Ludwig Godefroy prioritises garden for "timeless" family home in Mexico
An architect named Ludwig Godefroy who resides in Mexico has finished reconstructing his own house and studio with a "basic" design. The newly renovated home is connected to a neighboring garden and houses Godefroy and his family.
Godefroy and his significant other refurbished a previous dwelling, with emphasis on positioning the house towards the surrounding nature that was already in existence on the property.
Godefroy expressed that Casa SanJe is a project that emphasizes simplicity. The principal objective of this project is to reunite the house with its garden by designing ample windows everywhere on the first level. The result presents a seamless connection between the interior and exterior of the house.
The garden takes up a little less than half of the entire area, whereas the remaining section is occupied by the house where the architect lives.
According to Godefroy, Casa SanJe was a typical house built in the 1980s in Mexico. The house had no particular design or unique features. It was a straightforward house with tiled flooring and textured plaster finishes on the walls.
The designer has substituted the prior substances with concrete, timber, and tezontle, which is a reddish volcanic stone, to create a more peaceful ambiance within the residence.
On the bottom floor of the house there are two entryways that are safeguarded by strong doors made of iron.
Next to the initial entrance of the building, there is a parking lot. To get there you have to go through a patio where you will find various stones, planting beds, and a sculpture made of concrete and bricks.
There is another way to get into the garden that is not the main entrance. It takes you to a central area on the ground level, known as the vestibule.
The design of the space revolves around the entrance area, with the cooking space, place for eating, and lounge situated across from the architect's workspace and book collection.
The cooking and art areas were located at the rear of the house with narrow openings spaced intermittently in between storage areas for supplies and equipment.
Godefroy placed spacious doors and windows on the opposing side, which allows the living room to lead straight into the garden when opened.
A large portion of the indoor furnishings were constructed using cast concrete. Such items include the couch in the living room, the dining table, side tables, shelving in the kitchen, as well as an island. There are also fixtures that were built right into the floor.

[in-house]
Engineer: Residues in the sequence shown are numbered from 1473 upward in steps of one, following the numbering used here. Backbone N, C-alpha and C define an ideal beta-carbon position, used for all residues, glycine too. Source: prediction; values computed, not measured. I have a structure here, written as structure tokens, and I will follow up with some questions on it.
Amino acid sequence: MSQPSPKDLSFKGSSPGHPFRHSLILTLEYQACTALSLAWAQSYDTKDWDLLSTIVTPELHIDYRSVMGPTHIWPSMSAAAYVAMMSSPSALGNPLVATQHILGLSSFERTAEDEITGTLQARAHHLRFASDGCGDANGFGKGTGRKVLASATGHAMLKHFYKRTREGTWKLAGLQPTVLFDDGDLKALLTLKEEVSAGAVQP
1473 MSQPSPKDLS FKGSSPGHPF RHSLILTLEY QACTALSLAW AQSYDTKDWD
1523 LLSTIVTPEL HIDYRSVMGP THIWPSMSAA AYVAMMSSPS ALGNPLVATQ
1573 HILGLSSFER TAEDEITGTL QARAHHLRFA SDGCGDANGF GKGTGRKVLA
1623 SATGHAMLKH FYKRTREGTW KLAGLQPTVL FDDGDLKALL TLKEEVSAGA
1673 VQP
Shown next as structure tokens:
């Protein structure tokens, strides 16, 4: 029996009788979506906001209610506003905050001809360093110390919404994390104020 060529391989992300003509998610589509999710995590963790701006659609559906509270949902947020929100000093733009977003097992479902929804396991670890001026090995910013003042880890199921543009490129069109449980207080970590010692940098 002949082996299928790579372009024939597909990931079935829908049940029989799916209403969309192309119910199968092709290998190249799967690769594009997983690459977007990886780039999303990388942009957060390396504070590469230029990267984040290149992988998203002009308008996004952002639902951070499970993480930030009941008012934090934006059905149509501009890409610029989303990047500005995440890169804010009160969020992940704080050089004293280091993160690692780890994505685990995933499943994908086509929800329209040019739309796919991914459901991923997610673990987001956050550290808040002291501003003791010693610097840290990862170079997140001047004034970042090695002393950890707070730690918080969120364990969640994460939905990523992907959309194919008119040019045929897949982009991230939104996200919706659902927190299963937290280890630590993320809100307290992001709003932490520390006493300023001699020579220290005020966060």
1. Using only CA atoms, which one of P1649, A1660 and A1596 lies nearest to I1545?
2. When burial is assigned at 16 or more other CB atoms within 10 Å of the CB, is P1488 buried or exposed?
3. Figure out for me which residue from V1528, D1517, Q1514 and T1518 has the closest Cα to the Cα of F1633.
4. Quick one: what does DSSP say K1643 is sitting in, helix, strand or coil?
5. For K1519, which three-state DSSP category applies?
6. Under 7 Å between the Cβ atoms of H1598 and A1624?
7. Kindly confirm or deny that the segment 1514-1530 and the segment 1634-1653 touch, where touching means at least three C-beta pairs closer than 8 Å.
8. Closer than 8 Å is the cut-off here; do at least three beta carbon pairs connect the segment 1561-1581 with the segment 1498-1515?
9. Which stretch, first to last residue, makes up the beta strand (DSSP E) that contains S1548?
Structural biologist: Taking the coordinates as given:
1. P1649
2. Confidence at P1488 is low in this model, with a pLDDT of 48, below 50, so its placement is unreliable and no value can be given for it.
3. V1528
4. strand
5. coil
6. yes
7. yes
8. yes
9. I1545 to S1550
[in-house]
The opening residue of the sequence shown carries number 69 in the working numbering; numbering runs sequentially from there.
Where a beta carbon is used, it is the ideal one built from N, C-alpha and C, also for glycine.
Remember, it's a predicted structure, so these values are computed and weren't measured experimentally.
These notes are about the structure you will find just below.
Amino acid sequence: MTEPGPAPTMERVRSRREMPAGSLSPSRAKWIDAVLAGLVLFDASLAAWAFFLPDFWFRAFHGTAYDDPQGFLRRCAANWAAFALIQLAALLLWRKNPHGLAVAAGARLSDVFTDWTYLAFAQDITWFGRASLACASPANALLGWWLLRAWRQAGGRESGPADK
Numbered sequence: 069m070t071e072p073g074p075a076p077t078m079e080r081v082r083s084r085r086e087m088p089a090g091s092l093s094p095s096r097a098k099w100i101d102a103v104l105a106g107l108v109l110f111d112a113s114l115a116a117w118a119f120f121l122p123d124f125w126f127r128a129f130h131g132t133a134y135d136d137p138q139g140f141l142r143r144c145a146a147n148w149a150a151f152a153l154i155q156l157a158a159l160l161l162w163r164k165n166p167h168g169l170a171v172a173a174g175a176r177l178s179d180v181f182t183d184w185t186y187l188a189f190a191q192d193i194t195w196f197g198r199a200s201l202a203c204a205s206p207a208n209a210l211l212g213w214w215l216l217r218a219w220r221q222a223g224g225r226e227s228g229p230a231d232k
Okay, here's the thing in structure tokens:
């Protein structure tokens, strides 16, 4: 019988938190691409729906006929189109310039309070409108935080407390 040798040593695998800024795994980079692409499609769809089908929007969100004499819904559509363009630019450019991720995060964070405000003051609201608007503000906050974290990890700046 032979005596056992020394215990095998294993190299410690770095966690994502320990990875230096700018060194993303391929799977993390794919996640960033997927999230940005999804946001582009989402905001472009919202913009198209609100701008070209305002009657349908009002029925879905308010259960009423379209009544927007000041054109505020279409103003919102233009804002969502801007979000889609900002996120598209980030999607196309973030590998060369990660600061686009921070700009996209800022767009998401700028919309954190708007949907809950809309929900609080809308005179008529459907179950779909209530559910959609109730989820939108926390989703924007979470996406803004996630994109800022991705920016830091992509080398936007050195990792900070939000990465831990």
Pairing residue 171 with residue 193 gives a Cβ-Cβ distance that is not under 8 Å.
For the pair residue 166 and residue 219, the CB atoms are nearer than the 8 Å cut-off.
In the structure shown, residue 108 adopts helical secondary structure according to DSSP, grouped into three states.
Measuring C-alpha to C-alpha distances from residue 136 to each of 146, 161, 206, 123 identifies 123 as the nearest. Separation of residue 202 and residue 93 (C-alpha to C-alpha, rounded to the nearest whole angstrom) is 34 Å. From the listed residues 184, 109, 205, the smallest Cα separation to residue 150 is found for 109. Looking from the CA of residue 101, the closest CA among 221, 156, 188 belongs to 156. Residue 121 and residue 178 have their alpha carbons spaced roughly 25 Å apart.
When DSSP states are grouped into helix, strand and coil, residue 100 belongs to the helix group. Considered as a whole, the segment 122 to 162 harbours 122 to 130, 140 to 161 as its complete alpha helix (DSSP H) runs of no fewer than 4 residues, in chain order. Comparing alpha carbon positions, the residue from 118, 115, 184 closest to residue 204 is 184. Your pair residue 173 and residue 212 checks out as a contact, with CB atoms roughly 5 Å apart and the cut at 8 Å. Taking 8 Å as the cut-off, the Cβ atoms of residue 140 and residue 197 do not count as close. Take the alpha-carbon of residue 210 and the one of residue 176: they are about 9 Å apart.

In Godefroy's workspace, there are also sturdy shelves made of concrete as well as a desk made of the same material that spans the length of the wall.
The wall in that area was covered with cozy wood panels and above the architect's workstation, there's a curved ceiling. Next to that, there's a chimney.
Similar to some of Godefroy's past works, interior walls were perforated with geometric apertures.
A visible wall composed of red volcanic rock extends along the rear section of the residence.
A set of wooden steps are situated between the kitchen and living area, providing access to the upper level where the bedrooms and main restroom are located.
In the main bathroom, there is a lowered, circular area in the floor where you can stand to take a shower. There are several shower heads located in this area for washing yourself.
On one side, a faucet dribbles water onto a series of levels.
The ceiling, walls, and floor were constructed using concrete.
Plants indigenous to the area were strategically positioned all around the house. A vast half-round container crafted from cement was installed above the entryway to the house.
According to the architect, their goal was to create a space that would remain classic and not follow any current trends or fads. The space was designed using basic materials that would age gracefully rather than wearing down over time.
Godefroy has just finished a bunch of different projects in and nearby Mexico City. These accomplishments include a house in the brutalist style that is shaped like a cube and a hotel with the appearance of an Oaxacan temple.
Edmund Sumner is the one responsible for the photography.